The show has some weird supernatural elements to it as well. Things get spooky wherever Clyde gets near a sandwich, and she breaks the fourth wall once, ordering the effects to cease on command. At one point, Clyde pulls a Magneto and causes Rafael to press his hand on the grill with her mind. His palm sizzled like a frozen hamburger patty. It may have been a dream sequence. The metaphysical and metatextual elements were served up in heaping portions.
Smith is a standout here. Her character of Letitia (Tish) is sympathetic and charming, even when she is not always being kind to her fellow sandwich makers.
There’s a lot of intrigue about Cannon’s Jason. Nottage parses out the details about Jason like breadcrumbs. Wisely, she doesn’t give us the full story. It’s not necessary. Cannon plays him as big, bold and brash. His delivery caused a riotous uproar of laughter.
Phipps is, however, too far over the top. Director Monteze Freeland lets her off the chain. Clyde is played for laughs. She gets huge guffaws from the audience, but the character has no depth. Phipps doesn’t bother to give her any either.
For a run-down truck stop kitchen, the set is perfection. Tony Ferrieri is planning on going out with a bang. Every detail of the diner was meticulously planned between Ferrieri and the props department, right down to the fluorescent, yellow squares of American cheese.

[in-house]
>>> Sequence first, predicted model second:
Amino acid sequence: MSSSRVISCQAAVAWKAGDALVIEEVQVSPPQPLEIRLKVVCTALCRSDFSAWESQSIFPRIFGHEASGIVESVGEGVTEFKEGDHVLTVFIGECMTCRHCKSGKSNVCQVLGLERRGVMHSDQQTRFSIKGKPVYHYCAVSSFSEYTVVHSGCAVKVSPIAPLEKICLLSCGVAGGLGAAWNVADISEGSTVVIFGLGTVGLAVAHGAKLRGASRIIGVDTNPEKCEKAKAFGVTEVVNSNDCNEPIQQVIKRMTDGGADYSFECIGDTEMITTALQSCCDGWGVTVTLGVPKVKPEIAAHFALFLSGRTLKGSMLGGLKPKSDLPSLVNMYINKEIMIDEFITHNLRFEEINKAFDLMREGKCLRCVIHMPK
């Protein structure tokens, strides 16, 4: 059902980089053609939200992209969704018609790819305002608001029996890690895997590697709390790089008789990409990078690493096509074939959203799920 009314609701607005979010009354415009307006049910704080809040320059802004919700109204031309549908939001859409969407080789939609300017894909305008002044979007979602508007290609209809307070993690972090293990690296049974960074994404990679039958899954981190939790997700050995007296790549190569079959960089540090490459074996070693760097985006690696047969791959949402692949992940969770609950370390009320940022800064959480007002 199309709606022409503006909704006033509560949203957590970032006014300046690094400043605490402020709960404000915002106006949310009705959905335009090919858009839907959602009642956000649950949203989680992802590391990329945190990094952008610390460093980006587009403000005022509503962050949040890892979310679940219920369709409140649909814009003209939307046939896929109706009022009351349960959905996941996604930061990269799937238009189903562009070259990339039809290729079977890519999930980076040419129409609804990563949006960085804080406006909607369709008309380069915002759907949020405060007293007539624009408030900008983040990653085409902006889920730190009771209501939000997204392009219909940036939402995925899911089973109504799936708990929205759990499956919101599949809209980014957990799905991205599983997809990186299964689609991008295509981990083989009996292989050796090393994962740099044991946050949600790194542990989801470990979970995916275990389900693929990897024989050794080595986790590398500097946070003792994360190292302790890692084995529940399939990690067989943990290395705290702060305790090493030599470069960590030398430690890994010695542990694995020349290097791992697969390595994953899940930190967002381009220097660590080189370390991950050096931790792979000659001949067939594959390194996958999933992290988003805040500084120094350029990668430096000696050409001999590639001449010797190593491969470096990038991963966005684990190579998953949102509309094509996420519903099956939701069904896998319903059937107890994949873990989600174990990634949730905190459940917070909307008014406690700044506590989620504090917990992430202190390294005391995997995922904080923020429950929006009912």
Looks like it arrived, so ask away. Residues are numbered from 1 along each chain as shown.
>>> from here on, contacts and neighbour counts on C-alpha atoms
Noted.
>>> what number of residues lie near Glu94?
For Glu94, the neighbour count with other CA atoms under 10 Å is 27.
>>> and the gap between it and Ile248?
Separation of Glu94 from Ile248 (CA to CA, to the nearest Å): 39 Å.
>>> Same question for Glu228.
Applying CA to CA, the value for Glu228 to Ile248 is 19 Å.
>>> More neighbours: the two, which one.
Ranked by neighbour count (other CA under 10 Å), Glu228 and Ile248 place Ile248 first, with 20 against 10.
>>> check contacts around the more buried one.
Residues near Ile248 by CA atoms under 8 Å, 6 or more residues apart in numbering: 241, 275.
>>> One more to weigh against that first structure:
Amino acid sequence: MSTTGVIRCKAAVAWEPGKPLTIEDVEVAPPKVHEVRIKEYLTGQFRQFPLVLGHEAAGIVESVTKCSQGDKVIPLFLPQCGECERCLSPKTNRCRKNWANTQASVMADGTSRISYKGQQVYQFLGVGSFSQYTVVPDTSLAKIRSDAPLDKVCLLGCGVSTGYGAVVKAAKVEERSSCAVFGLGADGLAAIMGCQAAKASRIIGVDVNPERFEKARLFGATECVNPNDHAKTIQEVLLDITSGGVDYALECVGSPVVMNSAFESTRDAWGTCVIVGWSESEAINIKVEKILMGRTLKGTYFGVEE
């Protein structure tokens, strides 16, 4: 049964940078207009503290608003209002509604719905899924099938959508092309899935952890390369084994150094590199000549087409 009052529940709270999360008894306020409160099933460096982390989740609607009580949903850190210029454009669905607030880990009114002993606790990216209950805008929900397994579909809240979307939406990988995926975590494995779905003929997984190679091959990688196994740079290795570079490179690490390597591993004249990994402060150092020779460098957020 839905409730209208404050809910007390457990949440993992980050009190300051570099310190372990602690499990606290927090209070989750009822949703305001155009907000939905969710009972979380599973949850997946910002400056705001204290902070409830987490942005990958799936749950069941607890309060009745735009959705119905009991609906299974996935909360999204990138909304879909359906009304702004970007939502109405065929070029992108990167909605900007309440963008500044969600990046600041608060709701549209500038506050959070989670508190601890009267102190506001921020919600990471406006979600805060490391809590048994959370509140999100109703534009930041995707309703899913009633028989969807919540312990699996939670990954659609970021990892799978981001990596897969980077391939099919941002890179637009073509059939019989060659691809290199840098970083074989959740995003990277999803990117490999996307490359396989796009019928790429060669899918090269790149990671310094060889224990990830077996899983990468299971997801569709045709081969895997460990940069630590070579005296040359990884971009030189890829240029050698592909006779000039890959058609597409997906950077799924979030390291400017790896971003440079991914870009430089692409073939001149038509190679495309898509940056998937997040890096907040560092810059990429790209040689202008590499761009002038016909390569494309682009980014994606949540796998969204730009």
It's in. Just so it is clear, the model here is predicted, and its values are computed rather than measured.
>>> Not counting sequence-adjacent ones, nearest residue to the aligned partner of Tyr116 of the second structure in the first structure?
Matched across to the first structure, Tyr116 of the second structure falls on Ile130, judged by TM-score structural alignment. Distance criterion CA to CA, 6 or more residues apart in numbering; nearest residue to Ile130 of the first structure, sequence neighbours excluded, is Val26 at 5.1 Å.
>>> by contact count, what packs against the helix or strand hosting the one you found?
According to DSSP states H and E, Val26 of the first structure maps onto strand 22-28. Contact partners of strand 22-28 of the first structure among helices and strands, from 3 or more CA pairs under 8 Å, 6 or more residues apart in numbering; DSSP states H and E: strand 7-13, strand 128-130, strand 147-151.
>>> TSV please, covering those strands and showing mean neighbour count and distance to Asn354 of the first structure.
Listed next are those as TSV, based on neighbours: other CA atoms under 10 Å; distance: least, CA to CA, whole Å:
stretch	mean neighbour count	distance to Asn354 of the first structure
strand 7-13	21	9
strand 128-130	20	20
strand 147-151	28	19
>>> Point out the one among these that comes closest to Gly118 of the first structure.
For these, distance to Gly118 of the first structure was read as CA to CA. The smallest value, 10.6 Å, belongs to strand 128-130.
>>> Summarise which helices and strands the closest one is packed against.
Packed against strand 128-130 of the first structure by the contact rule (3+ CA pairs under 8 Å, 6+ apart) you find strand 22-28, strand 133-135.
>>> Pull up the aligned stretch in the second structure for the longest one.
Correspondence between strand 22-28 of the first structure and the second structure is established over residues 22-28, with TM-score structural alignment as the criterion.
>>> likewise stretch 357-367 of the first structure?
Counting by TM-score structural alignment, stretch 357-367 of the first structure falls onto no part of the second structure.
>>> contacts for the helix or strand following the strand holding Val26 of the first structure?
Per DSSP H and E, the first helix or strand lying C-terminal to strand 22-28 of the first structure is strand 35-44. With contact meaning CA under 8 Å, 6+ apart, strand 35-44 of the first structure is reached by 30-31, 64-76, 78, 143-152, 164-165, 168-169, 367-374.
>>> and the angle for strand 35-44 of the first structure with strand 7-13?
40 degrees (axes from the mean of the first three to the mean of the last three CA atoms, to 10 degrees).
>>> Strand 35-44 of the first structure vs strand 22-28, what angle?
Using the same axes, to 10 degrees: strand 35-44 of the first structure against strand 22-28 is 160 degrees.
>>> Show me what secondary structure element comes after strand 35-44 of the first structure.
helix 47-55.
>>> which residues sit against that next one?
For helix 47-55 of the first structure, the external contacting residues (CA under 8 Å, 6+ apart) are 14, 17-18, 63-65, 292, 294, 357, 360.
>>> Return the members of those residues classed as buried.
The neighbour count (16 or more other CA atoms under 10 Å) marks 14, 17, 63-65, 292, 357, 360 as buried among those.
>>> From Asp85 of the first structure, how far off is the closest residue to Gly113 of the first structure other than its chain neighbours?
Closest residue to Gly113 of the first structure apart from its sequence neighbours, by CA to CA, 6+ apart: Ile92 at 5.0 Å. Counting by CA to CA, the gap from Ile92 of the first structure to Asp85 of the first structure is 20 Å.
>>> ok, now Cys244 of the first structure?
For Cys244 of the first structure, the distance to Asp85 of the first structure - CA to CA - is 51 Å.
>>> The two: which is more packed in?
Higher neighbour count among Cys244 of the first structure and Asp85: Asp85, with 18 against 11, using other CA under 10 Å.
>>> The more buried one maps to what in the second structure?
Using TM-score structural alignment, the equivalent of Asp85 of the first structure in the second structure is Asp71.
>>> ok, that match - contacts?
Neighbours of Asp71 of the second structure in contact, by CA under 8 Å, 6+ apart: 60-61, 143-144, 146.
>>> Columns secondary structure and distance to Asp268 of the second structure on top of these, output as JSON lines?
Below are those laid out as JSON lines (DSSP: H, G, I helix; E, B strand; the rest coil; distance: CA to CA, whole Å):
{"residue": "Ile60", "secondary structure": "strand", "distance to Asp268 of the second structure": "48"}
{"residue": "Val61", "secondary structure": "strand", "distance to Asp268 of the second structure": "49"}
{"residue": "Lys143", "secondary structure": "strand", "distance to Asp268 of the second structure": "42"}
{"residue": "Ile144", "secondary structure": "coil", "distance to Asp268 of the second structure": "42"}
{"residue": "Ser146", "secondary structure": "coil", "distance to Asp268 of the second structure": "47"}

Side note: On opening night, there was a standing ovation for the beloved and talented set designer who is retiring in December after decades at the City Theatre’s Director of Production and Resident Scenic Designer. Special shout out to the set of “Elmenopea,” the Hope Diamond among a treasure chest of jewels.
When I heard the clamor of applause for Lynn Nottage’s play, “Clyde’s,” I pictured that turkey sandwich. People love turkey sandwiches. It just wasn’t for me. In all fairness, my expectations ran high, because a few years ago, Lynn Nottage’s Pulitizer Prize-winning play “Sweat” came to Pittsburgh, and it was and still is one of the most fascinating plays I’d seen in a long while.
“Clyde’s” runs through October 16 at the City Theatre, 1300 Bingham Street, Pittsburgh, PA 15203. For additional information and tickets go here: CLYDE’S – City Theatre Company